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21st Century Students Crave Deeper Learning

Harvard professor says authentic, immersive simulations achieve greater outcomes, including critical thinking, reasoning and responsibility.

As a professor, I work hard to help my graduate students in education attain knowledge and skills such as teamwork and collaboration, reasoning, innovation, appreciation of diversity, conflict resolution and much more.

My modeling of how these skills are learned provides a foundation for them to help students everywhere acquire these capabilities.

Chris Dede Table 1

Part of my challenge is that students must master applying such capabilities not only in academic settings, but also in complex, authentic real-world contexts.

The concept of deeper learning has been described as a means of inculcating these outcomes — and many others that are discussed in the 2012 U.S. National Research Council report, “Education for Life and Work: Developing Transferable Knowledge and Skills in the 21st Century.”

Deeper learning as an instructional strategy requires activities seldom found in classrooms, including:

  • Connected learning, which encourages students to confront challenges that exist outside of their classrooms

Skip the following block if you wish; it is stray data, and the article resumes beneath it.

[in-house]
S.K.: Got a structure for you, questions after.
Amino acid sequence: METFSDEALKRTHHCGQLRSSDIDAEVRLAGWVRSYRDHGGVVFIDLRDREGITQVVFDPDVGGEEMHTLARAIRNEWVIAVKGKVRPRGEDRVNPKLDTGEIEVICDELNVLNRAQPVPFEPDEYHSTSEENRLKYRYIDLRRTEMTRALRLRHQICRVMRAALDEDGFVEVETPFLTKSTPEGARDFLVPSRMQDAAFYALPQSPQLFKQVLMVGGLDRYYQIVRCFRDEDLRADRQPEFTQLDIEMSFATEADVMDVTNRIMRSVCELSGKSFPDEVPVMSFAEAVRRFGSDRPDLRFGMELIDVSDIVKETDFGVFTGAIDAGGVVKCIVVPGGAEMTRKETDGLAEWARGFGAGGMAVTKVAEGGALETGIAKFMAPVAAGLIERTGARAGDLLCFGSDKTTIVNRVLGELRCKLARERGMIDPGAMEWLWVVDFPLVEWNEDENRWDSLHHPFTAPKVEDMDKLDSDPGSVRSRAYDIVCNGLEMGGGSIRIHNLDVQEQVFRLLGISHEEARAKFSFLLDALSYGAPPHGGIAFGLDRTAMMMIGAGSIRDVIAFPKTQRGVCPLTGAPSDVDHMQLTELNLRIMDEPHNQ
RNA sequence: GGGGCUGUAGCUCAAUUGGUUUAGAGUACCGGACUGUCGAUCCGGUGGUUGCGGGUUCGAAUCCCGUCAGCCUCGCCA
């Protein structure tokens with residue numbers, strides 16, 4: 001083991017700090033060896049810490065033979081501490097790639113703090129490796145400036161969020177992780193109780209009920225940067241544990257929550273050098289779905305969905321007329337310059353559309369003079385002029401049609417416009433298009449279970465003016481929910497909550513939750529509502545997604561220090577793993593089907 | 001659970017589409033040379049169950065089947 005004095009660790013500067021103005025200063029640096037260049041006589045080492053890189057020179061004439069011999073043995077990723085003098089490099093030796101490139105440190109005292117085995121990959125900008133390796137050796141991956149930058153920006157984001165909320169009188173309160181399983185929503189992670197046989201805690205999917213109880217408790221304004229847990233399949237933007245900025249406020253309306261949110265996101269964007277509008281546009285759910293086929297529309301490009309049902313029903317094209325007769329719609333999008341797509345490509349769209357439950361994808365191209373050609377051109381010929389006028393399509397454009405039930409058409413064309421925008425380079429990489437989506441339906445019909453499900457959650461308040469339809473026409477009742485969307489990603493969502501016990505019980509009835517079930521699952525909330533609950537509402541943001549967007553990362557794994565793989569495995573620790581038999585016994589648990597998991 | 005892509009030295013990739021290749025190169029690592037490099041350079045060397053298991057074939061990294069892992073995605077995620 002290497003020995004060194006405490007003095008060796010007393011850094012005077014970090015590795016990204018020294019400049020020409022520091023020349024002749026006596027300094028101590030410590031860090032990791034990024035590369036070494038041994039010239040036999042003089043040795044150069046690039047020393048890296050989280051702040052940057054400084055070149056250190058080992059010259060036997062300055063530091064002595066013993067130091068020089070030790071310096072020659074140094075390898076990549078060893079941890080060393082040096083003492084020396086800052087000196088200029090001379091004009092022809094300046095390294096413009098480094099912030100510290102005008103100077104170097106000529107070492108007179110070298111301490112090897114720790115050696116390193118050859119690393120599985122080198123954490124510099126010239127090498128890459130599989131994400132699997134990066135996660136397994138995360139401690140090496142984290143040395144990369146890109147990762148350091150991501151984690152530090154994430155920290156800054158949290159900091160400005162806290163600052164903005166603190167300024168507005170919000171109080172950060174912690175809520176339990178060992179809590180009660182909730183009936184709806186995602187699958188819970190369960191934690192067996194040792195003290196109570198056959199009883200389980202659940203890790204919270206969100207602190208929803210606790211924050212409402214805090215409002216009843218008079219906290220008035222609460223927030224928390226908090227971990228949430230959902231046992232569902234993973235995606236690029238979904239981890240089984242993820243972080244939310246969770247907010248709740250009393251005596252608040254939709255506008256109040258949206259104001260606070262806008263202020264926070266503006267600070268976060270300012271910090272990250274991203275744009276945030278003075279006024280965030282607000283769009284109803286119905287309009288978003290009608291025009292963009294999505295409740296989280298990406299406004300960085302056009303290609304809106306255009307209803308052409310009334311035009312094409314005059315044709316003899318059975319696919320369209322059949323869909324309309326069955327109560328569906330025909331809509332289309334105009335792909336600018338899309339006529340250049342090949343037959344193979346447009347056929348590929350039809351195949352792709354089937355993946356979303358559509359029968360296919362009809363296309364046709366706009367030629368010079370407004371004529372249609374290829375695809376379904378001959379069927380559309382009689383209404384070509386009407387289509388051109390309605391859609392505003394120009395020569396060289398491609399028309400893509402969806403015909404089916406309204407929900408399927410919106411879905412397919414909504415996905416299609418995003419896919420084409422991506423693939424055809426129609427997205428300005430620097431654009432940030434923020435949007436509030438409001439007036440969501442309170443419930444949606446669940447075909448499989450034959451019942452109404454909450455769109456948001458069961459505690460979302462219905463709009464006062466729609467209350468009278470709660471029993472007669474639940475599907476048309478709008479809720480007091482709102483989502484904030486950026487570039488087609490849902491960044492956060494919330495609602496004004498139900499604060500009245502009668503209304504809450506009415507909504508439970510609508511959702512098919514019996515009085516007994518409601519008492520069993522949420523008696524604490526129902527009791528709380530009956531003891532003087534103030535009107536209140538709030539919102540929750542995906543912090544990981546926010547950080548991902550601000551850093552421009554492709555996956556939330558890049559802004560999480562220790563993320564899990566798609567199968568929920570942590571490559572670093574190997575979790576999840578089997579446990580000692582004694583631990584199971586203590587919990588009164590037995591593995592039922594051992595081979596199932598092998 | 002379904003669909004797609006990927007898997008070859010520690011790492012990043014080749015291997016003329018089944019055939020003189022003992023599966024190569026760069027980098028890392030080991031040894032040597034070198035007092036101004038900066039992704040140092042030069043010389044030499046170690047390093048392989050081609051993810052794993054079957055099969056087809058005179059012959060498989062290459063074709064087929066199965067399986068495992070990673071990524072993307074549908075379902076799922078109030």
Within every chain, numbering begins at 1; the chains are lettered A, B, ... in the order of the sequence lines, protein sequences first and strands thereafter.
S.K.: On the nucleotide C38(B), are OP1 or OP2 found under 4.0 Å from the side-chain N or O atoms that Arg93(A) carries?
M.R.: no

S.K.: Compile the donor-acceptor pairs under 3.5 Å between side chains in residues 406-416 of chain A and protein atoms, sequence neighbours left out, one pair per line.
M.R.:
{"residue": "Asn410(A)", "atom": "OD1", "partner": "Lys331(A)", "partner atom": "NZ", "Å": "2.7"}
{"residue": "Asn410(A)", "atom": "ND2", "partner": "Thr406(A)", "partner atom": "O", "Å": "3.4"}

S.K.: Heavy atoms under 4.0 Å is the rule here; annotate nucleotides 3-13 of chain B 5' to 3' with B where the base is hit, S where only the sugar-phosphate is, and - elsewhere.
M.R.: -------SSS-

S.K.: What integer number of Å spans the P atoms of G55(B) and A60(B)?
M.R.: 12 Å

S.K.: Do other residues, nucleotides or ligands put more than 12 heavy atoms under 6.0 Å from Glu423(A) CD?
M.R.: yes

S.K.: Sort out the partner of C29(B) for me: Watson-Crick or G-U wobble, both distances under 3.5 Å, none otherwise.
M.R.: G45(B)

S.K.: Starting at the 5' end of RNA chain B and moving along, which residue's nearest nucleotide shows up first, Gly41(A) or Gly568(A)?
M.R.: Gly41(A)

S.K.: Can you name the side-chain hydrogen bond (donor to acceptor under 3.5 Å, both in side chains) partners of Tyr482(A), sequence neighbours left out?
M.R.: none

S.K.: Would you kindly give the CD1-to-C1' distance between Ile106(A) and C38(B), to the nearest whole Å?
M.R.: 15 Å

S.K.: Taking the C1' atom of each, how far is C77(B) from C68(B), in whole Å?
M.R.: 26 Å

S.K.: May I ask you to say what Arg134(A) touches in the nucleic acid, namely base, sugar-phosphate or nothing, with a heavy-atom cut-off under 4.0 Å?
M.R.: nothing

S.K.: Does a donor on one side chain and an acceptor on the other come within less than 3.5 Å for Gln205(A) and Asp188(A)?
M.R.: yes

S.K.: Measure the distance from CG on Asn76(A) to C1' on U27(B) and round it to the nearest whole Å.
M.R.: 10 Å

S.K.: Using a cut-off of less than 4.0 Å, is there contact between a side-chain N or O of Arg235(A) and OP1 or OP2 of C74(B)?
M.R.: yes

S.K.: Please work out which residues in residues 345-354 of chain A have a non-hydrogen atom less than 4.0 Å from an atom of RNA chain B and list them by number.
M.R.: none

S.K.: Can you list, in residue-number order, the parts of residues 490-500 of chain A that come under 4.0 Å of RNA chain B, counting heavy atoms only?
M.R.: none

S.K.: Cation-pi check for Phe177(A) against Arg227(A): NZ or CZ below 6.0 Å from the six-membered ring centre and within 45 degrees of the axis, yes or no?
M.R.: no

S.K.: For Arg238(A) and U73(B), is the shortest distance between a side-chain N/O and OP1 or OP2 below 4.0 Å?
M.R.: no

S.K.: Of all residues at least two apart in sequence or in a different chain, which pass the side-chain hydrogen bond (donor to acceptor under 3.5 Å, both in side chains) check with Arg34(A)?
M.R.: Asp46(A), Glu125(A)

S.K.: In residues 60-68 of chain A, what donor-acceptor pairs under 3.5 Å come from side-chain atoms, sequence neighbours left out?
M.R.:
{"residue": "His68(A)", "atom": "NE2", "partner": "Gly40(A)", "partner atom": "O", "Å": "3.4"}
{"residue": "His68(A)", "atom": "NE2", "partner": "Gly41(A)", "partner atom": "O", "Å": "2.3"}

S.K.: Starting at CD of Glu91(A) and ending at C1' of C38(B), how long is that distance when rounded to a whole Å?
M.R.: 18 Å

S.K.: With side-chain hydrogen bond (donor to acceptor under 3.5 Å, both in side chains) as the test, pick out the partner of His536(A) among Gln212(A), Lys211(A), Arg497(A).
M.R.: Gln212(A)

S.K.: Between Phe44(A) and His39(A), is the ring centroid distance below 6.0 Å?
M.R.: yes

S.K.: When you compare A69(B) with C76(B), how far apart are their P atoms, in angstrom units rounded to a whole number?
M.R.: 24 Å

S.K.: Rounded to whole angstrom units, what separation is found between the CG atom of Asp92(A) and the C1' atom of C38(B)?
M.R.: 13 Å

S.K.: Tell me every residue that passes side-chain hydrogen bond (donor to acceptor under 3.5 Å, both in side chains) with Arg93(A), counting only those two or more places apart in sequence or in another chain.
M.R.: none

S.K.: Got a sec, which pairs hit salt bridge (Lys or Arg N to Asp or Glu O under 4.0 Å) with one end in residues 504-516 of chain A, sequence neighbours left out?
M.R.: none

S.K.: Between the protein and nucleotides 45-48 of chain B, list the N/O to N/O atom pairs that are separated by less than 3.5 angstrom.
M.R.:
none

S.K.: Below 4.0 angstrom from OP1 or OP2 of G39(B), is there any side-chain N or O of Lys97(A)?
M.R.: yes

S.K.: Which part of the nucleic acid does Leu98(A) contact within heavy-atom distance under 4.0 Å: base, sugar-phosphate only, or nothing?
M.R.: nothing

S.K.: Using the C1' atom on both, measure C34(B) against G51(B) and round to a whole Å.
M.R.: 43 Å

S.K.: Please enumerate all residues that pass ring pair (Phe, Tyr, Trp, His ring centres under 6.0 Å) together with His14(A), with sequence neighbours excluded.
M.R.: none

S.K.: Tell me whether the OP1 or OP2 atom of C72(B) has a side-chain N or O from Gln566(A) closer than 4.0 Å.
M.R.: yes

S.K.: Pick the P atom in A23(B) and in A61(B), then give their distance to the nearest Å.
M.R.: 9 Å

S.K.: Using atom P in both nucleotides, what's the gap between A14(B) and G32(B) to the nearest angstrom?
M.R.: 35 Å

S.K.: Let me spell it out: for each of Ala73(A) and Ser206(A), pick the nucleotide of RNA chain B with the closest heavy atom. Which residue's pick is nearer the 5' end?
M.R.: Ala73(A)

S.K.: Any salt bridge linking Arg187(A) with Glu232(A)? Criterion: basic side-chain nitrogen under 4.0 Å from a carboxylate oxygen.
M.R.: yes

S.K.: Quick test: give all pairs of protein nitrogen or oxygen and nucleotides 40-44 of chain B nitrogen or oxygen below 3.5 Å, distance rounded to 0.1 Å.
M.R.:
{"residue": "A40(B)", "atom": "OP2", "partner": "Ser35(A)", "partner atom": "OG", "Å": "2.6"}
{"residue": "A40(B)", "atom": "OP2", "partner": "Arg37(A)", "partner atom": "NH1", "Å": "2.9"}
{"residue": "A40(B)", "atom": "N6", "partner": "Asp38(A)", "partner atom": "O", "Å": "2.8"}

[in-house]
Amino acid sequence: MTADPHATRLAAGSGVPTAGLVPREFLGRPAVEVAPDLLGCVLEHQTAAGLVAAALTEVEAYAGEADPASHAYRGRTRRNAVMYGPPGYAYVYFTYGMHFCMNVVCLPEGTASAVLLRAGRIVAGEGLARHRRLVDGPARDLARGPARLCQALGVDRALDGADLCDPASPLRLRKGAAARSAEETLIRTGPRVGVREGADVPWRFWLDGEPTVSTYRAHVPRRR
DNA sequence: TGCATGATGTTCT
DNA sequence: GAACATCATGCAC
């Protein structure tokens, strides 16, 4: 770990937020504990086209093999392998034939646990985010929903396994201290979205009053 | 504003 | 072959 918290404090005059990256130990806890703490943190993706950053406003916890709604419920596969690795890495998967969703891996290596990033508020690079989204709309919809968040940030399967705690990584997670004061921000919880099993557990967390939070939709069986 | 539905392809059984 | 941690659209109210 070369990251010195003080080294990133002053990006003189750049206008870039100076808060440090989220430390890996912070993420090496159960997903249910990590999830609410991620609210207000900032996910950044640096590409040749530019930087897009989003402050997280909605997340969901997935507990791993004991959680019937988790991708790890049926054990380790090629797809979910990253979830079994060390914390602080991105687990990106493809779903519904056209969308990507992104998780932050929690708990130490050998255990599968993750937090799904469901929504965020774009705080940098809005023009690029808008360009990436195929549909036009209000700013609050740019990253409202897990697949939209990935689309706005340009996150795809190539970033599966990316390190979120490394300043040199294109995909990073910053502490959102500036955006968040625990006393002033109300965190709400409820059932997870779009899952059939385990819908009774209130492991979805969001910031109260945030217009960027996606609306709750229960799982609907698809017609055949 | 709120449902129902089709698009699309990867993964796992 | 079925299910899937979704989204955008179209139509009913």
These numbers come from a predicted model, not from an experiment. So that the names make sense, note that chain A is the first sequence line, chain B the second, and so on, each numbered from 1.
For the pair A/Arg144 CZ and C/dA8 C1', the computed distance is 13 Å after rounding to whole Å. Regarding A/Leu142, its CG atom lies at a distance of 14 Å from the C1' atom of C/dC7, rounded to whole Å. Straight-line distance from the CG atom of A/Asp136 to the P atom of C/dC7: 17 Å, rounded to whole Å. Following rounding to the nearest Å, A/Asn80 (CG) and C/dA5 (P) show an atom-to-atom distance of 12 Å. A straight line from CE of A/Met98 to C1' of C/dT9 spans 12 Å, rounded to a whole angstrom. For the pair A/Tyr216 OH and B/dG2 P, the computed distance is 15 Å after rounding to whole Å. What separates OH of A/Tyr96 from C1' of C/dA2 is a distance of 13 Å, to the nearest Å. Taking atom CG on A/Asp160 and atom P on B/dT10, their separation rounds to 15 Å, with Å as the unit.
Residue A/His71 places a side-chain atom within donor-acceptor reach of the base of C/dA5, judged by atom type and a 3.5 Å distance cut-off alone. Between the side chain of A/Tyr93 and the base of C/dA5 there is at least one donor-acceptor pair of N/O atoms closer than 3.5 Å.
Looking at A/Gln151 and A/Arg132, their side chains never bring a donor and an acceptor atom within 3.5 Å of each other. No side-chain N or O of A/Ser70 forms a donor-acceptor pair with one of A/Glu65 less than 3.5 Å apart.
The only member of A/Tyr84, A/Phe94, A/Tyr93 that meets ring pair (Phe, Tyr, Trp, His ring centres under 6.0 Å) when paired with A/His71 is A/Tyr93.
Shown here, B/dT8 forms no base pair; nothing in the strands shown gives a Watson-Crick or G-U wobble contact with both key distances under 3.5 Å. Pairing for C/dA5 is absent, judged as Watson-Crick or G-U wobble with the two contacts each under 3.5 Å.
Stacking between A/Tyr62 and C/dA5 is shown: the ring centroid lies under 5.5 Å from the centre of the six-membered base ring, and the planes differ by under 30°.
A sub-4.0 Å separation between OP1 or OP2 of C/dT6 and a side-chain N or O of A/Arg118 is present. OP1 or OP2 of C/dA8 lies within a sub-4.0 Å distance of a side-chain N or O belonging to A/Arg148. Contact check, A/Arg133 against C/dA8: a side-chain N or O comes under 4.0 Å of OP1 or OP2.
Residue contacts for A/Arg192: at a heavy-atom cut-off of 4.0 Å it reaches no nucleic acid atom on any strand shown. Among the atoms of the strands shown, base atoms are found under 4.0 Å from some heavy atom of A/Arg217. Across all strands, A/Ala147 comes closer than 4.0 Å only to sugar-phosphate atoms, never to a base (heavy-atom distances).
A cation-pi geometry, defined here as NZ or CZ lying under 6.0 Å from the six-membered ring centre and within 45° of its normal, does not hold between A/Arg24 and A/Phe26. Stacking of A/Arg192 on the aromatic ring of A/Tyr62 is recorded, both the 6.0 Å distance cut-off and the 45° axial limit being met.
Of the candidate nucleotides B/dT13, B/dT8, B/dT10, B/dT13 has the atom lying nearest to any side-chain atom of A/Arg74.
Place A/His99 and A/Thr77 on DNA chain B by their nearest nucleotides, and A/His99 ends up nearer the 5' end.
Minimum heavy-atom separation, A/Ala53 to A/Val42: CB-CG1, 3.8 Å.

• Case-based learning, which helps students master abstract principles through analysis of real-world situations
  • Apprenticeship-based learning, which involves working with a mentor who has a specific real-world role
  • Collaborative learning, in which a team combines its knowledge and skills to make sense of complex phenomena
  • Learning for transfer, which measures mastery as application in life rather than simply in the classroom

Diagnostic assessments are embedded into deeper learning methods and formative for further learning and instruction.

At Harvard, given ample organizational resources and internship sites in the Boston region, this type of teaching is much more feasible than at other colleges or high schools that are less wealthy and more isolated. Further, for middle school and younger students, arranging real-world apprenticeships is difficult everywhere. Fortunately, virtual worlds and augmented realities now offer the opportunity for all students to experience simulated internships without leaving their classrooms.

Making It Happen

Two types of immersive media support a growing number of formal and informal learning experiences. Multiuser virtual environments (MUVE) offer students an engaging “Alice in Wonderland” experience, in which their digital avatars in a graphical, virtual context actively participate in experiences with the avatars of other students and with computerized agents. Augmented reality (AR) allows students carrying mobile wireless devices through real-world contexts to interact with virtual information, visualizations and simulations superimposed on physical landscapes.

My colleagues are designing and studying curricula that combine immersive virtual ecosystems (EcoMUVE) with AR-based, real-world ecosystem experiences customized to build on those virtual worlds (EcoMOBILE). The EcoMUVE middle grades curriculum ( is inquiry-based. Students conduct research by exploring the virtual ecosystem and collecting data from a variety of sources over time, assuming roles as ecosystem scientists in an immersive and authentic simulation.